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Long Distance Grandparent? Here's How to Create a Lasting Bond With Your Grandchild

Clever and simple ways grandparents can strengthen relationships with their grandchildren, no matter how far apart they are

By Nancy Collamer

As a new grandparent, I love to learn about fun and meaningful ways to connect with our grandson, Quinn. So, I was delighted when I recently had the opportunity to attend a Life Planning Network webinar led by Kerry Byrne, PhD, founder of The Long Distance Grandparent.

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Kerry Byrne  |  Credit: Kerry Byrne

Byrne's site is filled with clever and simple ways grandparents can strengthen the bonds with their grandchildren. And even though she caters to long-distance grandparents, I find her tips equally helpful for local grandparents like myself.

"It's more powerful to ask about Heather or Aidan instead of saying, 'Did you have fun with your friends today?'"

Following the webinar, I reached out to Byrne to learn more about her favorite grandparenting strategies. Highlights of our Zoom conversation below:

Next Avenue: It can be challenging to connect with grandchildren by phone or video. What are ways to liven up the conversation?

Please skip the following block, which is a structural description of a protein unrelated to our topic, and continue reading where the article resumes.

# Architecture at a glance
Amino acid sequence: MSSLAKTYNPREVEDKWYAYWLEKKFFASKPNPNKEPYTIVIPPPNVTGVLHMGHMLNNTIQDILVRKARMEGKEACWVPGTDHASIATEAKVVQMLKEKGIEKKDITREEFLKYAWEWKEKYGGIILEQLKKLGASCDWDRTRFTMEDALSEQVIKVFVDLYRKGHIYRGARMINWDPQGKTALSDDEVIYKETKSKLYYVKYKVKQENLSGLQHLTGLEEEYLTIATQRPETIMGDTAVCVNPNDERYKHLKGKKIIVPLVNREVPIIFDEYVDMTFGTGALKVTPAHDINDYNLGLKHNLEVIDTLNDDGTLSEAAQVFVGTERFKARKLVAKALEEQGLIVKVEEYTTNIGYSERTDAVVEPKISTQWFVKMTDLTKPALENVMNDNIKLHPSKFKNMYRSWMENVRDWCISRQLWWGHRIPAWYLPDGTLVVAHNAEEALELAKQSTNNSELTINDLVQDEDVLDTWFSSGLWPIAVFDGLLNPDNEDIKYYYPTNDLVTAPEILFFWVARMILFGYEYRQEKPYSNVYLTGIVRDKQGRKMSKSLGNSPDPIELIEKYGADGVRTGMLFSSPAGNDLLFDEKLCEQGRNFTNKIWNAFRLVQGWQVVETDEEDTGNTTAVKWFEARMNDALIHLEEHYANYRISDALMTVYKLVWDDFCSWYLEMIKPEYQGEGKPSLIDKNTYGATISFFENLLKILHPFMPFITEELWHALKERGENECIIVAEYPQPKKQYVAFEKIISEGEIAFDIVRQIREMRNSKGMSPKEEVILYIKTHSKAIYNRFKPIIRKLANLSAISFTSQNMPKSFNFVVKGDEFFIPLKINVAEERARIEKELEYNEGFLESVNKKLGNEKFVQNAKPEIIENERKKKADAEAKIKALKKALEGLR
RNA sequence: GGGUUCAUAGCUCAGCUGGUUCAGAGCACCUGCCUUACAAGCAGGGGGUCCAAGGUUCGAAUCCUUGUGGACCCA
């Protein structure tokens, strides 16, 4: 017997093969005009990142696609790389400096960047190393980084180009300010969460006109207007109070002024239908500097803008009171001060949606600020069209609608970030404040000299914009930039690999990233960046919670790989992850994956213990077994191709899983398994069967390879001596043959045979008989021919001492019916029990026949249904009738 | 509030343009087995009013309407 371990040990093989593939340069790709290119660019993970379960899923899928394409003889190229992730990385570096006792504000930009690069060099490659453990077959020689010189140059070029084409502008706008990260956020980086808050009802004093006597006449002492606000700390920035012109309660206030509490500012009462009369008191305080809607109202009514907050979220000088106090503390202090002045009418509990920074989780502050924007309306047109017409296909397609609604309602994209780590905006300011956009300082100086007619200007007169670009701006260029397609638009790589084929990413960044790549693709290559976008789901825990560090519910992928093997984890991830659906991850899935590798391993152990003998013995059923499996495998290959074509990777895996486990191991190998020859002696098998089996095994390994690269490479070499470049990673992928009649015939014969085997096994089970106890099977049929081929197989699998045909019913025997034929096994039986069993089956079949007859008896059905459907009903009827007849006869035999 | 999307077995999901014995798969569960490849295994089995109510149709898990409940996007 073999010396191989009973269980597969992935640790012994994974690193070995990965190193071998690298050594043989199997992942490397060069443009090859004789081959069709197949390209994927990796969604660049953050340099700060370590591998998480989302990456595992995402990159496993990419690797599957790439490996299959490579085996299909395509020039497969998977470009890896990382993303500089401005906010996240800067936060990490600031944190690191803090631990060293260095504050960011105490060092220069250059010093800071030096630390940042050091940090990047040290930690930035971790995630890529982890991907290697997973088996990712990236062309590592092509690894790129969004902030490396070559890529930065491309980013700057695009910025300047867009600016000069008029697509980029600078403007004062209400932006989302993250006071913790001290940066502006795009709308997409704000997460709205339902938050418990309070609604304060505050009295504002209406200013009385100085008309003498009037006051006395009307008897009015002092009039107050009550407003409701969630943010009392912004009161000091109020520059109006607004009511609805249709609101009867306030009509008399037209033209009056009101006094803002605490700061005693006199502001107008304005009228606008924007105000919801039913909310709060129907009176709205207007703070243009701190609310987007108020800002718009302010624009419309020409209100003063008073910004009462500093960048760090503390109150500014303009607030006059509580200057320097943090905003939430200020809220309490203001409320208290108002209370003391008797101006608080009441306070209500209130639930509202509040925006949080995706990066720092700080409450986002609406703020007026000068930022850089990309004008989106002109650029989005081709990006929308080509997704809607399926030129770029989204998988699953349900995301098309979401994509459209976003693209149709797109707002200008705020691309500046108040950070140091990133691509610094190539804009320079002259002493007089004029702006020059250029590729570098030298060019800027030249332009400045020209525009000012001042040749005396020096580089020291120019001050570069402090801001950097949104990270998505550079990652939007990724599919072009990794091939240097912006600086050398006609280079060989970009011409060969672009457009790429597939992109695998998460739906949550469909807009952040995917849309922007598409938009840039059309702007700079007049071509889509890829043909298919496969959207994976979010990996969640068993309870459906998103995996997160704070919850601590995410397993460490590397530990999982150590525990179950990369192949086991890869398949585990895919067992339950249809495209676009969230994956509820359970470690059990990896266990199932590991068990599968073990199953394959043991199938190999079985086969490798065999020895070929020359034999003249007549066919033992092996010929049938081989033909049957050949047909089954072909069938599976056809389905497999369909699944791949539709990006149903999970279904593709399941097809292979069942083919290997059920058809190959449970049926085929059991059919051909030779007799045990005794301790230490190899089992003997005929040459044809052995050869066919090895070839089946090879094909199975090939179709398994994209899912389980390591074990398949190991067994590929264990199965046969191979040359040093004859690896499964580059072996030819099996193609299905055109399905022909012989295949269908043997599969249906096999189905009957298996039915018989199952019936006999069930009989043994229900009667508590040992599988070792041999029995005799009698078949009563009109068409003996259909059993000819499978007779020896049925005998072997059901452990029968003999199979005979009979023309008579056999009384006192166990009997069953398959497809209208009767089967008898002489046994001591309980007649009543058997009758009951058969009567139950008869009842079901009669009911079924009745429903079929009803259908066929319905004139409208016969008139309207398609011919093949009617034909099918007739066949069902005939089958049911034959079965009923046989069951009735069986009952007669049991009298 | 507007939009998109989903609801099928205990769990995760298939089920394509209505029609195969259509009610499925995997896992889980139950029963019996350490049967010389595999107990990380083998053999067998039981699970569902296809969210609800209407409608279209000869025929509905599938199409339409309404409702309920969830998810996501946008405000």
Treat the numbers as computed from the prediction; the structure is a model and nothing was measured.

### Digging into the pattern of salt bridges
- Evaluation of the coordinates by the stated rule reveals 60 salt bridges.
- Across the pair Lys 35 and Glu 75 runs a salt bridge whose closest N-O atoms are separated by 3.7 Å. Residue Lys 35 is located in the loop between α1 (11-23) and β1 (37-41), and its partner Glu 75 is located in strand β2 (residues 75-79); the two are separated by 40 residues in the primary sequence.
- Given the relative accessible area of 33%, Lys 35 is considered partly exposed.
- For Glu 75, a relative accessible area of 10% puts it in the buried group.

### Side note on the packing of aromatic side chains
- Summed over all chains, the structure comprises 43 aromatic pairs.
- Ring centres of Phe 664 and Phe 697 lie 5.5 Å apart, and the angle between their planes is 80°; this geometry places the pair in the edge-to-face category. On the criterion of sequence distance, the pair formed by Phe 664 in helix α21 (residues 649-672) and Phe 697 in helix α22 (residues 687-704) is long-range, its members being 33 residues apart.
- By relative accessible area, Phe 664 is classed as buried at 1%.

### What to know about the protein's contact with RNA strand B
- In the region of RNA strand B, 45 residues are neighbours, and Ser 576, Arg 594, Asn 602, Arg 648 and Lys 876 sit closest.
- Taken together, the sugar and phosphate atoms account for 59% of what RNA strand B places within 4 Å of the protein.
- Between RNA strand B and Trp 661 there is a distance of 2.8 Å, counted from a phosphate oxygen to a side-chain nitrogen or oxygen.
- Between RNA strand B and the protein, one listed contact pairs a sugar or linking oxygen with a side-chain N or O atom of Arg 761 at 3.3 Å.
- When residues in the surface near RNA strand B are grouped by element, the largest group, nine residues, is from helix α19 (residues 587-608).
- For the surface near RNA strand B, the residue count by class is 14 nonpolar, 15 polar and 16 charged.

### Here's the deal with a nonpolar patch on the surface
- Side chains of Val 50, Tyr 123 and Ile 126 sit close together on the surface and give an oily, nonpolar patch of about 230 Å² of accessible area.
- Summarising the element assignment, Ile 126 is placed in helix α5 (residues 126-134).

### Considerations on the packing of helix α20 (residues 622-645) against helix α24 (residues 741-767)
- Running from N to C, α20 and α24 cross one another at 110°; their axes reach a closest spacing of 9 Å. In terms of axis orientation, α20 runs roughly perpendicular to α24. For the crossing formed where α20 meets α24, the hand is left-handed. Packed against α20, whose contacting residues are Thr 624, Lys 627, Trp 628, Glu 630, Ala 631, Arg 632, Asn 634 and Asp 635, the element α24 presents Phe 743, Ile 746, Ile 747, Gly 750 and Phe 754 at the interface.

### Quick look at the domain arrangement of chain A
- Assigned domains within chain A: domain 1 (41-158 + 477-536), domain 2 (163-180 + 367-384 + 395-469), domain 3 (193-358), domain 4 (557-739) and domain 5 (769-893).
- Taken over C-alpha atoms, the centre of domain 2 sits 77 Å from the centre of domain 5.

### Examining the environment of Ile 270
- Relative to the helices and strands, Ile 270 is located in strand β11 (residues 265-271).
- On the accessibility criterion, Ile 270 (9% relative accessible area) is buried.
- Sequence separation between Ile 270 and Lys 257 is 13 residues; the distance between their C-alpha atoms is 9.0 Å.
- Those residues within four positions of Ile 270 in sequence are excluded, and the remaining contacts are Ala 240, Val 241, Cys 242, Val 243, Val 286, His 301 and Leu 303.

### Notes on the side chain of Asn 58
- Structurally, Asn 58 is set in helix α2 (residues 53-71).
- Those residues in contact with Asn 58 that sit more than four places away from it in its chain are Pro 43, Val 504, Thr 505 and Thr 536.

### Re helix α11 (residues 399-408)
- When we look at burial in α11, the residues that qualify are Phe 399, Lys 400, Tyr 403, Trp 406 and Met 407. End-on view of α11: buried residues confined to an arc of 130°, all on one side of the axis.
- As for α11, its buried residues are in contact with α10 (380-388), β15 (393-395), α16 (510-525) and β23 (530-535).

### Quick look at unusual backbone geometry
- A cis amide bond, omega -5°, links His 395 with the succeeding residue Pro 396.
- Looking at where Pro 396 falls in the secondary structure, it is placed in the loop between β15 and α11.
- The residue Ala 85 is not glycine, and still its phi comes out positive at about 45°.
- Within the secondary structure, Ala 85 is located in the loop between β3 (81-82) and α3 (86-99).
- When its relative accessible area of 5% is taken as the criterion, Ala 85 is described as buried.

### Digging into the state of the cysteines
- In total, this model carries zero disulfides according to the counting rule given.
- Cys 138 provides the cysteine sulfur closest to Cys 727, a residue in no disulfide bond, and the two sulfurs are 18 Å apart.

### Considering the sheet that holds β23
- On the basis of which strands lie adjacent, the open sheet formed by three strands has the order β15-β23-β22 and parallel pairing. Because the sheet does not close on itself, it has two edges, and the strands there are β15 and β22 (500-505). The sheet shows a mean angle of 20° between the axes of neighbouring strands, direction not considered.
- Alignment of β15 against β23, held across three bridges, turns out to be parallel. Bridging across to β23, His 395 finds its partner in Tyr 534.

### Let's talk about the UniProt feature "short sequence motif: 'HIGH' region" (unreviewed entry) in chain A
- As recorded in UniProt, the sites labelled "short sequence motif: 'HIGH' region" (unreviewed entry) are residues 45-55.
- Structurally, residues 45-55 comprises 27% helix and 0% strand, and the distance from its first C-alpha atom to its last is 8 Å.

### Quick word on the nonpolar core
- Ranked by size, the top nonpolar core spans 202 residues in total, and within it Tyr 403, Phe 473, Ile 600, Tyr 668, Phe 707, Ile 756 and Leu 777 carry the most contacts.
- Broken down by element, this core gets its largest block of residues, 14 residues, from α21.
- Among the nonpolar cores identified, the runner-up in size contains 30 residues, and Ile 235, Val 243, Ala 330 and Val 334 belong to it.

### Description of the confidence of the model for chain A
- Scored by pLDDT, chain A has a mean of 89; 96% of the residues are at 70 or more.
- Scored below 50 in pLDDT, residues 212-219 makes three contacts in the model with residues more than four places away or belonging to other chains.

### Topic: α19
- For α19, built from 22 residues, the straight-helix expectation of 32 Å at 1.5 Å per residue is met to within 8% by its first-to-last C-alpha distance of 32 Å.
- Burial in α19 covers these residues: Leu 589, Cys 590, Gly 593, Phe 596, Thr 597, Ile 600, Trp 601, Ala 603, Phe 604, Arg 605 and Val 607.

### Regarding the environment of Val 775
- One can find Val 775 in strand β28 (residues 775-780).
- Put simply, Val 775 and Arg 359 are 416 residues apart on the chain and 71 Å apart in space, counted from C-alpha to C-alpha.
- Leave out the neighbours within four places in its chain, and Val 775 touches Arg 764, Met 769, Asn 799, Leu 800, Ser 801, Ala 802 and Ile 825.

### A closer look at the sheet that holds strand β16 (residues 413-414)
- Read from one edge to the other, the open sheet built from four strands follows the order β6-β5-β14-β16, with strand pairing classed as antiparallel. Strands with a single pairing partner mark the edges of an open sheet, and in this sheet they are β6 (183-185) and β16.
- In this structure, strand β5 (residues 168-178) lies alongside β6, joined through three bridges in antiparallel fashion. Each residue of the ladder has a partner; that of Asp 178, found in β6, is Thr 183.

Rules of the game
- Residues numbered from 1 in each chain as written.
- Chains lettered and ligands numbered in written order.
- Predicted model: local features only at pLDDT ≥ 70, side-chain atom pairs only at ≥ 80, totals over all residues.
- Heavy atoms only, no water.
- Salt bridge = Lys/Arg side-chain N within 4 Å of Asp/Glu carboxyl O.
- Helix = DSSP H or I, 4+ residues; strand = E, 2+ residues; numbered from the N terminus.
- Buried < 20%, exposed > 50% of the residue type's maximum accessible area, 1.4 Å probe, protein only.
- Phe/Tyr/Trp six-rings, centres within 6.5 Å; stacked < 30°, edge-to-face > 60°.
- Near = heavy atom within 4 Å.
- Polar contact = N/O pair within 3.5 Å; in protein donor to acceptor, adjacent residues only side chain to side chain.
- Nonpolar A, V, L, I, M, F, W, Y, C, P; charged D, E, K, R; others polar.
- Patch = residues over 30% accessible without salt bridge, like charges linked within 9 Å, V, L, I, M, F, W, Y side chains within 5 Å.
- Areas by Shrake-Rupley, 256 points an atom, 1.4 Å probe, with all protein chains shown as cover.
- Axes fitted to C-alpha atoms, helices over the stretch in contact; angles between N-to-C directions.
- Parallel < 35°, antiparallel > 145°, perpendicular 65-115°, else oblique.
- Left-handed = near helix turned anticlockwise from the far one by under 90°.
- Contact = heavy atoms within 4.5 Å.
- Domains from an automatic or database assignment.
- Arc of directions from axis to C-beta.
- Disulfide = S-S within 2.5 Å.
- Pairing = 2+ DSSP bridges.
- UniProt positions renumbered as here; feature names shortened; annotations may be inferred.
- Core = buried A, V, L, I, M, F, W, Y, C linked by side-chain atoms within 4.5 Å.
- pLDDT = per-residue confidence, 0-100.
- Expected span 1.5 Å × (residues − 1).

Kerry Byrne: We know that play builds trust, so find ways to be silly and playful with your grandchildren. Use props like silly glasses or stuffed animals to liven up the conversation. 

Or, keep post-it notes nearby with age-appropriate jokes or conversation starters to help spice up the call. The key is to find what feels right for you. Also, try to make note of the little details of their lives, such as their friends' names. It's more powerful to ask about Heather or Aidan instead of saying, "Did you have fun with your friends today?"

Snail mail, video, and in-person are the three main ways to connect with your grandchildren. Can you elaborate on how to combine these for the most significant impact?

We all feel a bit Zoom fatigued these days, especially school-age children. So don't forget to connect via snail mail – I believe it's the powerhouse of the grandparent relationship. 

"We know that play builds trust, so find ways to be playful with your grandchildren."

Occasionally, send a card with a photo of the two of you or a simple craft project that you can do together during your next call. When you mail the package, take a short video and ask your grandchild to call you after the package arrives. The video helps to build anticipation. 

And when you visit, remember to leave notes behind, under a pillow or tucked into a book, for your grandchild to enjoy after you go. Simple but consistent touchpoints make a difference.

You talk about the importance of meeting grandchildren and parents where they're at. What do you mean by that?

When possible, try to work around their schedule and needs. Ask if there is anything that you can do to make it easier to stay in touch - or if you're doing anything that is unintentionally making their lives more difficult.